When pain prevents people from doing the things that give them fulfillment and purpose in life, depression is inevitable and yet is often overlooked or inadequately treated in pain management. When chronic pain and depression co-exist, physical and psychological illnesses become enmeshed and blur the boundaries between the two.1 Studies support a mutually reinforcing relationship between depression and pain. The prevalence of major depression is higher for medically ill patients, particularly those in chronic pain. While the prevalence of major depression in the general population is approximately 4%, it is approximately 30% among chronic pain patients.2 Further, the lifetime prevalence of depression in studies of chronic back pain, pelvic pain and chest has been found to be 65%.3

A recent review of chronic pain patients’ psychological profiles at the Pain and Stress Management Center (PSMC) in Ridgewood, New Jersey revealed that at least 75% of these patients suffered from depression and anxiety disorder related to their chronic medical conditions. Depressed chronic pain patients reported greater pain intensity, less life control, and more use of passivity/avoidance as coping strategies. They also described greater interference from pain and manifested more pain-centric behavior than chronic patients without depression.4 Anxiety disorder was found to have a significantly higher rate in patients with chronic pain than in individuals found in the general population.5 Anxiety patients complained of major symptoms that characterized depression and anxiety, among them being: frequent fatigue, sadness, disturbance in sleep and appetite, helplessness, hopelessness, disinterest in pleasurable activities, restlessness, agitation, decline in concentration and memory, worthlessness, and guilt. Table 1 presents a patient questionnaire intended to provide an initial assessment of mood disorders of chronic pain patients.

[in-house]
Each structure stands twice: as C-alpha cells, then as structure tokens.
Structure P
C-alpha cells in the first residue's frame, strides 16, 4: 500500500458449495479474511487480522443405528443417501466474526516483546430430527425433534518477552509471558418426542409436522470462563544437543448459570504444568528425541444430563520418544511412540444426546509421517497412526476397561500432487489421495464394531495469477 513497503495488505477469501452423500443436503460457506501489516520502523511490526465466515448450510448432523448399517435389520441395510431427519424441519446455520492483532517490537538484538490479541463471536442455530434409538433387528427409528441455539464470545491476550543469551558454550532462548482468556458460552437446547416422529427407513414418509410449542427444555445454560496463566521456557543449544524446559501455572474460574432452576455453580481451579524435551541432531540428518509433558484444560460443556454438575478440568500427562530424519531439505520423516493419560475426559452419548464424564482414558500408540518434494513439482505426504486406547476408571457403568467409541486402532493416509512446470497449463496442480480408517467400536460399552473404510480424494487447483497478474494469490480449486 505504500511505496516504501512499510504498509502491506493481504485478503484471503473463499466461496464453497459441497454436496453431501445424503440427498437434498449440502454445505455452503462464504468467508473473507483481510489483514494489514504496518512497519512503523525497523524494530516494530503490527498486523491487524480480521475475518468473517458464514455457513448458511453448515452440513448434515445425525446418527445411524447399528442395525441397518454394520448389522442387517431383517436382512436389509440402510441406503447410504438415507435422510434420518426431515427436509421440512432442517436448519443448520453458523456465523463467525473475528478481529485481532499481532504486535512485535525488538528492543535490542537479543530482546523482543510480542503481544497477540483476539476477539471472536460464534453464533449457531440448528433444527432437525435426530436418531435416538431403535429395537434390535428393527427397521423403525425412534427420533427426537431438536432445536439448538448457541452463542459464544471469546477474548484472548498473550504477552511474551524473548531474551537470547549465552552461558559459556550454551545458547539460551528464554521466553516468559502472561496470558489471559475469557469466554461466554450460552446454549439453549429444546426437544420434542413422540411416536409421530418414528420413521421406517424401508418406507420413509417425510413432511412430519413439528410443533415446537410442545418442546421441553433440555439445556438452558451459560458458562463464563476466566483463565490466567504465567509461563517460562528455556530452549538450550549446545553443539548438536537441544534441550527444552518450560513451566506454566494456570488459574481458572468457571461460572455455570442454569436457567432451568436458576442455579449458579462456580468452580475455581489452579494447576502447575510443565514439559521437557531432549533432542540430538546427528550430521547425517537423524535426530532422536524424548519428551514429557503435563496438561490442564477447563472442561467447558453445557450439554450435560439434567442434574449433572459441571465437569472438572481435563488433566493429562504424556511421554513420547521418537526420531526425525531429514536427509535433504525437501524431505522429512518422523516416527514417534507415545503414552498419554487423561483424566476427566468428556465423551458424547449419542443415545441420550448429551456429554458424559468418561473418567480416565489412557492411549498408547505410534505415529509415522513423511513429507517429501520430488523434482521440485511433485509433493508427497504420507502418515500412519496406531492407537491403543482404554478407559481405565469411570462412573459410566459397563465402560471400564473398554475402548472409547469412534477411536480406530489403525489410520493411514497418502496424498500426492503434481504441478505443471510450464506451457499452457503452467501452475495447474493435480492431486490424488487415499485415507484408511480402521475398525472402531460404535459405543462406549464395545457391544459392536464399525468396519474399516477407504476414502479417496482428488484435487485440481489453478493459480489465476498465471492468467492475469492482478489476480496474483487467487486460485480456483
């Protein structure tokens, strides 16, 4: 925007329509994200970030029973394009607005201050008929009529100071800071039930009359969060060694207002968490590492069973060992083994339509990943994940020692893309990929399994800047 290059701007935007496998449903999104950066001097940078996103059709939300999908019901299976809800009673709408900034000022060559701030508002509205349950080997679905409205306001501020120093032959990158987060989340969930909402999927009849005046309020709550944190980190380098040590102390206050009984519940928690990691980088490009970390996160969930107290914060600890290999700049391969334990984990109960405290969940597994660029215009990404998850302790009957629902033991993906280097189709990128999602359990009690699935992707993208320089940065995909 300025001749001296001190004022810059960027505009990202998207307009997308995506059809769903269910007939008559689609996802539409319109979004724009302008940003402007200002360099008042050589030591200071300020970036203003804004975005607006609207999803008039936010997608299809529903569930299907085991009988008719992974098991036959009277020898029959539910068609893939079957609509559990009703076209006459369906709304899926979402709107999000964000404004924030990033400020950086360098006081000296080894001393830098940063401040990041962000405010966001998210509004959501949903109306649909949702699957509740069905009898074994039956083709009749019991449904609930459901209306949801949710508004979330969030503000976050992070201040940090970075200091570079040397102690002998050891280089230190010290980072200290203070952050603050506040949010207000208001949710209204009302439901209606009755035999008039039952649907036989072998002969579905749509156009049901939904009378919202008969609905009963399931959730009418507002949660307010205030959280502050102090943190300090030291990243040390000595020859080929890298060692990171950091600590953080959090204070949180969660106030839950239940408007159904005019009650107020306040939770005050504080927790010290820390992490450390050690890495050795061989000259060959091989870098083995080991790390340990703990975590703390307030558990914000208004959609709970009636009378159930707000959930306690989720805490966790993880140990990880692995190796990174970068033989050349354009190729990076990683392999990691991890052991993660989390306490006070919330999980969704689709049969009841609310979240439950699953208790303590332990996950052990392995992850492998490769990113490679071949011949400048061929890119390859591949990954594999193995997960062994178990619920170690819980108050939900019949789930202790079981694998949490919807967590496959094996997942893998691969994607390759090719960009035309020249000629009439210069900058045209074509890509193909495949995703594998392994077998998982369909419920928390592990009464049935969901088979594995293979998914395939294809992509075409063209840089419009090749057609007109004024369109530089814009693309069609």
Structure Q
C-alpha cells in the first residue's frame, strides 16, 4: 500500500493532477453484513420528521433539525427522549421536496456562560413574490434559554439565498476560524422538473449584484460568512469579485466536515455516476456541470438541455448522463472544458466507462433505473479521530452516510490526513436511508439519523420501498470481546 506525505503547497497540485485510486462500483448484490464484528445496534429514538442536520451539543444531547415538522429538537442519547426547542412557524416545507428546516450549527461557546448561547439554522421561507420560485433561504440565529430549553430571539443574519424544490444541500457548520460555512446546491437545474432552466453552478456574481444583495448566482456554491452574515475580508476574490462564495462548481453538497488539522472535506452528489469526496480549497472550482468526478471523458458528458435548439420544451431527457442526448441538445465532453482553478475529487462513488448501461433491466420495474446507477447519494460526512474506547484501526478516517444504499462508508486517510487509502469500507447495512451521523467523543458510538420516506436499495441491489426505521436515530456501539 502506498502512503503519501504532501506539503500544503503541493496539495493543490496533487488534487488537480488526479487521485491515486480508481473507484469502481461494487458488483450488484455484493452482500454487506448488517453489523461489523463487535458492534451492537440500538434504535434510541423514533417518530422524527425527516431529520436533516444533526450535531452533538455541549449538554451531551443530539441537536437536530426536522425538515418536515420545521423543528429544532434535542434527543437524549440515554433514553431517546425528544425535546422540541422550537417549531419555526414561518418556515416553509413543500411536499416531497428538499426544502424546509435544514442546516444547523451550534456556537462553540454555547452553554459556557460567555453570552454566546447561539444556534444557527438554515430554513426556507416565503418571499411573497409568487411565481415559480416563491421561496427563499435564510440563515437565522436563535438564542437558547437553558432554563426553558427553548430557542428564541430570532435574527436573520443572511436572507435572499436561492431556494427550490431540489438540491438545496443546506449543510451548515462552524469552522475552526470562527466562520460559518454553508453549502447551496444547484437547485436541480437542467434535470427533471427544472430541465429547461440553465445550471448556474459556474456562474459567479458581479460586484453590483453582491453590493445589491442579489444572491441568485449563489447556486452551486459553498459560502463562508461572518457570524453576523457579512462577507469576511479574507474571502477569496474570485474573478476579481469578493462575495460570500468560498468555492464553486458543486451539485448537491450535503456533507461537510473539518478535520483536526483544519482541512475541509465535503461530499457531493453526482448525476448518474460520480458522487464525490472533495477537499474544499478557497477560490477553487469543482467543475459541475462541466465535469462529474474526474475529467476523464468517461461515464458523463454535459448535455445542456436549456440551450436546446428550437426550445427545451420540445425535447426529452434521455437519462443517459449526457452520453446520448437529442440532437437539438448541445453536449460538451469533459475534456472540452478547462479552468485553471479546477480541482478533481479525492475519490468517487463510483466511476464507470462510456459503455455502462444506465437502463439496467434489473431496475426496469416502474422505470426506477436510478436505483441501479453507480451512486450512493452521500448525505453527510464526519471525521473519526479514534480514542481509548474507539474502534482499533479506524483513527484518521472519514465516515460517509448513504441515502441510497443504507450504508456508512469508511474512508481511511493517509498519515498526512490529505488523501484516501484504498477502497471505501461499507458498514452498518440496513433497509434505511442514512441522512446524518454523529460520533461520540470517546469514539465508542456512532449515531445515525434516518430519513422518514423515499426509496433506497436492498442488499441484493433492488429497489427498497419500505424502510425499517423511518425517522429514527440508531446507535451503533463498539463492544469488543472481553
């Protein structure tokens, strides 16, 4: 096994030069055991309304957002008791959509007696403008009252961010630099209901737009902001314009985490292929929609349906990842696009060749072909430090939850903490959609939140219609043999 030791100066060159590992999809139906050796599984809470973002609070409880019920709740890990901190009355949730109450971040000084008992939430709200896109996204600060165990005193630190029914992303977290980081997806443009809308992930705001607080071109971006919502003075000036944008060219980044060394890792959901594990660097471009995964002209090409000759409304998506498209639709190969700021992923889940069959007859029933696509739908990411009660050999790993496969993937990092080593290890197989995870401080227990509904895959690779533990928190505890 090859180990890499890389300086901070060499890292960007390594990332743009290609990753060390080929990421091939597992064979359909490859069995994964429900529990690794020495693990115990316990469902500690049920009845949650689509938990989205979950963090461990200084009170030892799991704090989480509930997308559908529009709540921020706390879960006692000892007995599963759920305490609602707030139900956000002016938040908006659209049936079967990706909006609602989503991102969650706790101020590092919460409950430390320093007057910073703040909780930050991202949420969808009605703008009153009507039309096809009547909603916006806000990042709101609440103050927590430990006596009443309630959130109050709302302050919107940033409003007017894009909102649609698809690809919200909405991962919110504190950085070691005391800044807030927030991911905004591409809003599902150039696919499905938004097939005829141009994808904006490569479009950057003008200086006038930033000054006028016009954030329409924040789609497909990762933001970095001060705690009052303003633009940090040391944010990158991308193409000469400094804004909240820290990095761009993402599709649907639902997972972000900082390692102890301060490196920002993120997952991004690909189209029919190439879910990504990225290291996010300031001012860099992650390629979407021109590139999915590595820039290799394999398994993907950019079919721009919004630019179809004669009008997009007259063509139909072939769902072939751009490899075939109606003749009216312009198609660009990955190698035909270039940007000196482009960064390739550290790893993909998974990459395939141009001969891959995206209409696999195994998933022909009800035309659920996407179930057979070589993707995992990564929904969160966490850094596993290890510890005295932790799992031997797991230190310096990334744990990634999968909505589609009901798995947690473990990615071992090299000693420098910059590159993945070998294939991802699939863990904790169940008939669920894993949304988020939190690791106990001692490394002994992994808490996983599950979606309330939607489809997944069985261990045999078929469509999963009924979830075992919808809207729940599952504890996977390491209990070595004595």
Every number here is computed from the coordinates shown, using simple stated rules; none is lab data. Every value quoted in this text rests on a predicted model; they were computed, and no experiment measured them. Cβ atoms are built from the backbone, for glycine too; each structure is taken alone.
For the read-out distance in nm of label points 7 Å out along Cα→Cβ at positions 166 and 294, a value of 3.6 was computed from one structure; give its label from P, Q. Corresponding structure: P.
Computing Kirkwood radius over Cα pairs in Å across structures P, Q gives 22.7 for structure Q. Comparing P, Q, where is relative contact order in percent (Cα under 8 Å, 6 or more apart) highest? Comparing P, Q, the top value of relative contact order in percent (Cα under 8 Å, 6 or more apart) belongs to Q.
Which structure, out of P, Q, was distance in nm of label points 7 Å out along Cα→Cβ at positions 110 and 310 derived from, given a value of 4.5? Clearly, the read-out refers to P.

Table 1. Initial patient mood assessment questionnaire.

Patient Denial

Physicians are not alone in overlooking the emotional component in chronic pain. Often patients will not acknowledge their own depressed moods due to denial or response bias caused by the fear of being perceived weak, being labeled with a psychogenic diagnosis, or consequences such as the loss of insurance coverage or benefits. Although the association of chronic pain and depressive disorder has been established in the literature, its mechanisms are not yet clearly defined. The complexity of the interplay between depression and chronic pain creates a challenge for the conscientious physician. For example, patients in pain often suffer insomnia and fatigue which are common vegetative symptoms of depression. Patients usually attribute these symptoms to pain rather than depression. Although it can be difficult to distinguish cause and affect in the pain/depression cycle, once it is recognized and defined it will require active interactions by the educated physician to prevent errors that would affect a positive treatment outcome.